Argentine Tweens & Young Adult in Spanish
If you want to read Argentine tweens and young adult literature in Spanish, there are a few great options available to you. Here are three of my favorites: Harry Potter and the Philosopher's Stone by Sara-Elizabeth Cottrell, Marina's Los ojos de Carmen, and Julia Alvarez's Como las hermanas Garcia perdieron sus acentos.
Argentine tweens and young adult in Spanish
Increasing numbers of Argentine teenagers and young adults are embracing gender-neutral Spanish. While this new language is not widely accepted by all, it has caught the attention of mainstream media. Two years ago, a teenage activist called Natalia Mira began using the "e" in casual situations. Mira and her peers have been using this form of Spanish for several years, but it has only been recently that it has caught on with more mature individuals. Some universities, judges, and even the president of Argentina have all accepted gender-neutral Spanish.
Argentina has a large number of institutions and thousands of children live in state-sponsored care. Unfortunately, there are few resources to help these youths transition to independence and make the transition easier. The government also lacks a streamlined system for transitioning out of state-sponsored care. As a result, some young people end up in desperate circumstances when they are thrust out of this system. There are also numerous social problems in Argentina, so understanding their culture is essential to navigating their lives successfully.
Until recently, most of the research on language and class has focused on a single class identity or feature. Despite this, the findings from Argentina's language and education ministry are particularly pertinent to Argentine teenagers and young adults. While the English language has long been associated with elite, privileged, and snobbish social groups, a relationship between Argentina and Great Britain has led to the reviled role of English as a global language.
The most popular saga of Argentine teens and young adults is Caidos del mapa. It follows the lives of four teenagers living in the Argentine capital. The book's sweeping narrative takes place in the 1970s, and it concludes with the young protagonists reaching their mid-twenties. Many young Argentines are fascinated by the story and want to write it down.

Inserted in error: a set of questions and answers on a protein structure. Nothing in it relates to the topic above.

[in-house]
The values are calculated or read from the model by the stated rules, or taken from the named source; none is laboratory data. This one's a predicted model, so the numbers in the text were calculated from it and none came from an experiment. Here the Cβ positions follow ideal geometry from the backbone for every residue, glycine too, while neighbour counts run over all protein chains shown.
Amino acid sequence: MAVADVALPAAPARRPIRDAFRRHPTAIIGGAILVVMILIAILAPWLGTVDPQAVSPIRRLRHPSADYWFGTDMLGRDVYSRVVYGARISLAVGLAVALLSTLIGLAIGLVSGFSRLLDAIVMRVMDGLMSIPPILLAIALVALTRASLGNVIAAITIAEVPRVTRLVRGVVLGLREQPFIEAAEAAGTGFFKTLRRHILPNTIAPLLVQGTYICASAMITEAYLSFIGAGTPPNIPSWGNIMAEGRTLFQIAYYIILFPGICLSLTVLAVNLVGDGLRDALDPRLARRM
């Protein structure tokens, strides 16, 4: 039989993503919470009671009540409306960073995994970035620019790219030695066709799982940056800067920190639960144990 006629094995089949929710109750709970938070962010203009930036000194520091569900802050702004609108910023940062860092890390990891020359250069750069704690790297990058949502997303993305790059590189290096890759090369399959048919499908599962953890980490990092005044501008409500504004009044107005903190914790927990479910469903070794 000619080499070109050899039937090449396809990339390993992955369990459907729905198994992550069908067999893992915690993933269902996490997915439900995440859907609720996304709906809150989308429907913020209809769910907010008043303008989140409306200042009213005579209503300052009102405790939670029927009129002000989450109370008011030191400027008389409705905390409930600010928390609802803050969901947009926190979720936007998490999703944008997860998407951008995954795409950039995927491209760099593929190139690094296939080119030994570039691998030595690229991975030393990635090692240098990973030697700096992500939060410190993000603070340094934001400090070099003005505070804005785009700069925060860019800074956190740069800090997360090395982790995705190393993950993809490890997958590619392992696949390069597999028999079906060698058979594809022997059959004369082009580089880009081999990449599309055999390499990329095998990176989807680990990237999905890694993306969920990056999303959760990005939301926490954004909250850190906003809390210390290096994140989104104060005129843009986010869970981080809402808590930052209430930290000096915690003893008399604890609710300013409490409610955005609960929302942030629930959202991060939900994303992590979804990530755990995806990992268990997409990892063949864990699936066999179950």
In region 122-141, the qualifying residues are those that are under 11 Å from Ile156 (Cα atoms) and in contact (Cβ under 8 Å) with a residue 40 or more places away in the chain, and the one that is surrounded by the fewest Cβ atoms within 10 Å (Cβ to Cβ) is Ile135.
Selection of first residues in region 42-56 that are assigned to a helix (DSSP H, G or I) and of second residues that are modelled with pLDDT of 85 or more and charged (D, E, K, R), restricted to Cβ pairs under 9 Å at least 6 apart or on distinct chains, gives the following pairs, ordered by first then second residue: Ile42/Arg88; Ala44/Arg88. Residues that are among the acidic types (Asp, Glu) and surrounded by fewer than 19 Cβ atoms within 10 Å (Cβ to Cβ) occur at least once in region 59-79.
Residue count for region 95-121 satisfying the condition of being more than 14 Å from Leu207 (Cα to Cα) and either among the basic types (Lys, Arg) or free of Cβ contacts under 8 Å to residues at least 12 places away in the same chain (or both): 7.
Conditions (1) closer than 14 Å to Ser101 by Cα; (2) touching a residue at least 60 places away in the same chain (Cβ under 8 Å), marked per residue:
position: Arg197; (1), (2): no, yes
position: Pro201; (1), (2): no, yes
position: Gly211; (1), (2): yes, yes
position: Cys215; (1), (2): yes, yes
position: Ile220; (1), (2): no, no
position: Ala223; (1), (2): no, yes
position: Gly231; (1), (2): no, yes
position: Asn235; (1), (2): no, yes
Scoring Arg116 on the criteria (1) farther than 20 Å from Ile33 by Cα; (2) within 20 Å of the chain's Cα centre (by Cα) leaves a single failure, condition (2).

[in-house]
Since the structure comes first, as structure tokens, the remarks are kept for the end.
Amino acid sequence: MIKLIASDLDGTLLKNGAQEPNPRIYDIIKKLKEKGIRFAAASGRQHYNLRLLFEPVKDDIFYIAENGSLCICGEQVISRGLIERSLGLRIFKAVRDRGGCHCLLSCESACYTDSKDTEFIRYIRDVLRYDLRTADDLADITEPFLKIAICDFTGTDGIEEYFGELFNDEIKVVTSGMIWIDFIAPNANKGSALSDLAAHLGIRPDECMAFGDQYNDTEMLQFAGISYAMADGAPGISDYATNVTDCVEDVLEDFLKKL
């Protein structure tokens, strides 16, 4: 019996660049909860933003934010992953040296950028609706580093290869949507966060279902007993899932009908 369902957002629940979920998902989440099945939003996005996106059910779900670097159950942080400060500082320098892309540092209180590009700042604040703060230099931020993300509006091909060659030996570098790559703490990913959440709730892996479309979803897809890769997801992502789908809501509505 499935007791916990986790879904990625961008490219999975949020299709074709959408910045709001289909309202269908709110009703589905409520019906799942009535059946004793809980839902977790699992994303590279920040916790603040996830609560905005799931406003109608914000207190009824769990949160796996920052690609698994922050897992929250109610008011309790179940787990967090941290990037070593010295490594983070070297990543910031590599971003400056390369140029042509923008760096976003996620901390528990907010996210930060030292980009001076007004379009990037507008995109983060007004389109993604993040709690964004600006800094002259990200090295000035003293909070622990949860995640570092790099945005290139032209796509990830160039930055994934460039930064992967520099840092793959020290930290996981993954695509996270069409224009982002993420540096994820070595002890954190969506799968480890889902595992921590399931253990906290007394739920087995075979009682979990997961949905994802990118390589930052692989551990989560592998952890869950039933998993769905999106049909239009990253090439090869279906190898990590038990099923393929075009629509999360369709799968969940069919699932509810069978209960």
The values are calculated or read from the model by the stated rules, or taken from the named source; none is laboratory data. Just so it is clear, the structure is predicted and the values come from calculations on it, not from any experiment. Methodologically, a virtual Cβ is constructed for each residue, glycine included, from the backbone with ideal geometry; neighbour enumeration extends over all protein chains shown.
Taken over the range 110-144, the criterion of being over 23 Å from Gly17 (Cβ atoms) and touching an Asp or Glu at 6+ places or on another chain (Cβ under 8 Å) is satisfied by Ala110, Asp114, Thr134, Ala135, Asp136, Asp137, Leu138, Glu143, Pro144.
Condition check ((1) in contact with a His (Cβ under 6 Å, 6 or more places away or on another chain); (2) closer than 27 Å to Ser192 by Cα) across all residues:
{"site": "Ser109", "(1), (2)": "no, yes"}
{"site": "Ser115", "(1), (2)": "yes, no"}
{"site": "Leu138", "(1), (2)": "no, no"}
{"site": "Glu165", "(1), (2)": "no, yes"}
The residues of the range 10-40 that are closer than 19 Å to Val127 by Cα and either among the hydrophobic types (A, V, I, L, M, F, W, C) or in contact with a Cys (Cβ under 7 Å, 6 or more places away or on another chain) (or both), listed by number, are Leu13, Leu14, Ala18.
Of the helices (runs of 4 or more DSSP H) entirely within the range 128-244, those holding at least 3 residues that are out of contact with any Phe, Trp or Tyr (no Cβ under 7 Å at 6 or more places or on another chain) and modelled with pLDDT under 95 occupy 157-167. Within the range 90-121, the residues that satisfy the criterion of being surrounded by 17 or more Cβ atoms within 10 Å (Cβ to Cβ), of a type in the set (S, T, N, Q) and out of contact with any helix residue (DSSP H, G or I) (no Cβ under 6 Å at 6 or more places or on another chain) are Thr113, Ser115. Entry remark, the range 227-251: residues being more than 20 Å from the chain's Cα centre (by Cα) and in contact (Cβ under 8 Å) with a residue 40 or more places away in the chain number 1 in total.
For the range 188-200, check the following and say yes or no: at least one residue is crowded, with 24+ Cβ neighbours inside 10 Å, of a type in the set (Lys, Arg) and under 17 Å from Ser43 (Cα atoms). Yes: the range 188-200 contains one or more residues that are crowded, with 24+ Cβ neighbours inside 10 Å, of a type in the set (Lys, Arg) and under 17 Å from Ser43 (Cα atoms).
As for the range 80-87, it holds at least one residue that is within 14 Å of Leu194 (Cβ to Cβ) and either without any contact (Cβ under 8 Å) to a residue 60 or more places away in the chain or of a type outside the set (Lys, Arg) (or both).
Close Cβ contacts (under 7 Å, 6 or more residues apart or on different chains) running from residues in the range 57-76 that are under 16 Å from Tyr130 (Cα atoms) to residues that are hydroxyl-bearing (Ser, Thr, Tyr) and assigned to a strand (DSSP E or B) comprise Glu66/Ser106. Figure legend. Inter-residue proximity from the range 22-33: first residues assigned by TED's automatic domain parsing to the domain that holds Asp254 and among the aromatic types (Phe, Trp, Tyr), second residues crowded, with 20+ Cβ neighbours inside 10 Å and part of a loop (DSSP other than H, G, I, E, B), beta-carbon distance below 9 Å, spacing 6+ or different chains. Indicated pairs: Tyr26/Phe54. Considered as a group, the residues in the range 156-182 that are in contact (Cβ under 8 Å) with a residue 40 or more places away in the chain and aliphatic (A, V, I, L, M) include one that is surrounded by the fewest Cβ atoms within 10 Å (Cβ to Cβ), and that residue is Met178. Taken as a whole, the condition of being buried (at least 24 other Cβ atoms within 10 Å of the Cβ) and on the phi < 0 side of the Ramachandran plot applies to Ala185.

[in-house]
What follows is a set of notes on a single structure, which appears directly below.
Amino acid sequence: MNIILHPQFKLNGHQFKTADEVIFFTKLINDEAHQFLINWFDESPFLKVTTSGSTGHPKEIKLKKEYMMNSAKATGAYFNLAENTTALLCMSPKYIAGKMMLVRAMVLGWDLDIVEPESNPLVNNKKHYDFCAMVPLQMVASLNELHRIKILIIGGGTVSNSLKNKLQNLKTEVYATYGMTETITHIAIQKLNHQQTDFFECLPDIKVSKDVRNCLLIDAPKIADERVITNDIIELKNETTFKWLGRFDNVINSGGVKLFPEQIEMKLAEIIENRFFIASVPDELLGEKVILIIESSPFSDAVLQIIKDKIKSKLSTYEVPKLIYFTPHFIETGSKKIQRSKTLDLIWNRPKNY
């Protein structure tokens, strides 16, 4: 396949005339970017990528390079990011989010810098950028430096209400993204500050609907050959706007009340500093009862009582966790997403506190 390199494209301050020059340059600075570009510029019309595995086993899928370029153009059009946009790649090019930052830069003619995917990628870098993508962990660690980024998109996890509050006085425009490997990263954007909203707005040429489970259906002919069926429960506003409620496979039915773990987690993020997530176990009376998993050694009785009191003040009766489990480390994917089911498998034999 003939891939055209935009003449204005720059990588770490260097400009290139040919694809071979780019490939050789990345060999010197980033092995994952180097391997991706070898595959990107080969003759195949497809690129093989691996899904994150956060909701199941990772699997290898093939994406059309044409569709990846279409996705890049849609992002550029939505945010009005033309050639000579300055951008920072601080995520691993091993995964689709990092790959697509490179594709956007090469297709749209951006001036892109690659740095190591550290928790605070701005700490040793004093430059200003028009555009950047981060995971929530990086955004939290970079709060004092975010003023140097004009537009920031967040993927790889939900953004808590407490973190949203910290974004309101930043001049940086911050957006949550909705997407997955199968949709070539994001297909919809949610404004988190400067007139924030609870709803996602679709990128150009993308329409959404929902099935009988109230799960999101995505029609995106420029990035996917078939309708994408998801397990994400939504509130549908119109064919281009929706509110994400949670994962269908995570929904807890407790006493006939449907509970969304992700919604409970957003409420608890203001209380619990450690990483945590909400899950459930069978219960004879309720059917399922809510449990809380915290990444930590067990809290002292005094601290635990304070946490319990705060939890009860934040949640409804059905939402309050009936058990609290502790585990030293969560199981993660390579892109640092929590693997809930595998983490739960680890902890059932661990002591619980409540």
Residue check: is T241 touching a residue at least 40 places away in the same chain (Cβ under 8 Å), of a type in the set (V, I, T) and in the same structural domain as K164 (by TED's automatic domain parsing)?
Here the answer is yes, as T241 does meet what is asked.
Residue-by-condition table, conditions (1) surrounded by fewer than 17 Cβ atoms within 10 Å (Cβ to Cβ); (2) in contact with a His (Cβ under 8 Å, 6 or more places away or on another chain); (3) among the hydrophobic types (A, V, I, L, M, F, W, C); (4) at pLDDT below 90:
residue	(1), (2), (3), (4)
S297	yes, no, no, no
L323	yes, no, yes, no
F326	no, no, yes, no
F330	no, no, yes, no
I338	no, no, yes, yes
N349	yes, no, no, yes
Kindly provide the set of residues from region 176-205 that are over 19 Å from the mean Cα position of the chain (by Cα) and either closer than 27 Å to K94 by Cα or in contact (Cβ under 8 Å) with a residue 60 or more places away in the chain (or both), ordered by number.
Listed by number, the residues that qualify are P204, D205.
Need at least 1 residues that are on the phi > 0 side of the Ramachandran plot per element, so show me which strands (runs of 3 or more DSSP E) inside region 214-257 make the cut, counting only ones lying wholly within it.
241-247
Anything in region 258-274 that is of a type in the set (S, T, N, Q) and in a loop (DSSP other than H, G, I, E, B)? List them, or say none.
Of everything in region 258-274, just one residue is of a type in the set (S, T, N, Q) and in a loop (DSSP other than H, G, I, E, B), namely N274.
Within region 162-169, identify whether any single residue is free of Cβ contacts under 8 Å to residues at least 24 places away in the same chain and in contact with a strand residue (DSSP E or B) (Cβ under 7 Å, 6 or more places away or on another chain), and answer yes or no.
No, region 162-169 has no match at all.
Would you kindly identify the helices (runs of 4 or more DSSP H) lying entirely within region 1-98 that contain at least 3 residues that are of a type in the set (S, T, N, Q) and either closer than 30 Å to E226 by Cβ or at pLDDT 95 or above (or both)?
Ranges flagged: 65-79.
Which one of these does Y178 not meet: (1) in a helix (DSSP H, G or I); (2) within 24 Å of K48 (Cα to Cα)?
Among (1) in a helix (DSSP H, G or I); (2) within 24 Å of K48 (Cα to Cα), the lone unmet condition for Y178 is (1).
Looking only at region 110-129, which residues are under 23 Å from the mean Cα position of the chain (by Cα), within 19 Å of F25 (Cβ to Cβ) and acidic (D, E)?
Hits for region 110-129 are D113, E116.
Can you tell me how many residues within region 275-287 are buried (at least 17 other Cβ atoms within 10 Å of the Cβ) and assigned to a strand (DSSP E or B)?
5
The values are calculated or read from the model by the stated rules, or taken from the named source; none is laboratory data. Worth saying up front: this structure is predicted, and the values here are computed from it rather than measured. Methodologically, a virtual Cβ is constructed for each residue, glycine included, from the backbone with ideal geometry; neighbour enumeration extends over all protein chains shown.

Harry Potter y la piedra filosofal
If you're looking for a great book to read with your students, consider "Harry Potter and the Sorcerer's Stone" for teens and young adults in Spanish. The book is suitable for students in grades 8 and up, and is recommended for intermediate to advanced Spanish speakers. Beginners who know the story well may be able to follow it easily enough, though.
While reading these books may seem daunting at first, they can prove to be valuable tools for students who are learning Spanish. For example, the "Harry Potter" series is widely known and includes Spanish vocabulary that is applicable to many situations. Besides the language aspect, "Harry Potter" also teaches important lessons about friendship and bravery. While the topics covered in these novels may be more basic than those in more advanced Spanish literature, YA lessons are easier to relate to and retain.
Julia Alvarez's novel Como las hermanas Garcia perdieron sus acentos
"How the Garca Girls Lost Their Accents" is a 1991 novel by Dominican-American author Julia Alvarez. The book depicts the life of the four girls from a small Dominican neighborhood, including a single mother and her three young daughters. In the book, the girls' lives are threatened by a series of events that are out of their control, including a family feud.
Author Julia Alvarez was born in the Dominican Republic and immigrated to the United States at age 10. She has since written six novels, three nonfiction books, and three collections of poetry. She has taught writing and mentored students in communities throughout the United States, and is the author of the Latina Heritage Award in Literature. In 1991, she was named Woman of the Year by Latina magazine. She currently teaches at Middlebury College.
"Como las hermanas Garcia perdidaron sus acentos" is a classic Dominican novella that explores the complexities of human relationships. The novella is written by Julia Alvarez, a Dominican-American author who resides in New York. Julia Alvarez is the author of several books, and some of them have not been translated into Spanish.
Julia Alvarez studied English at the University of Washington, where she earned a degree in creative writing. Parts of her novel have been re-viewed numerous times in the United States, Latin America, and Europe. Her novella How the Garcia Sisters Lost Their Accent won the prestigious award "Best Book of 1991."
Marina's novel Los ojos de Carmen
Marin's latest book, a YA romance, is a fascinating story that will captivate young readers. Set in Ecuador, this novella follows Daniel, a third-year high school student, as he visits his relatives. He meets Carmen, a young girl with a unique pair of eyes, and decides to take pictures of them. This novella is written in Daniel's perspective and contains approximately 7,450 words. A glossary is provided at the end of the book.
Marina's book Towards the end of the world
While the title of Marina's book is rather confusing, the plot is simple enough for even intermediate and advanced Spanish students to understand. Set in Barcelona during the 1980s, this Gothic mystery follows the journey of a fifteen-year-old boarding school student to a desolate part of the city. Along the way, Em encounters several eccentric characters, including a mad scientist and a mysterious professor who teaches her how to use a time machine.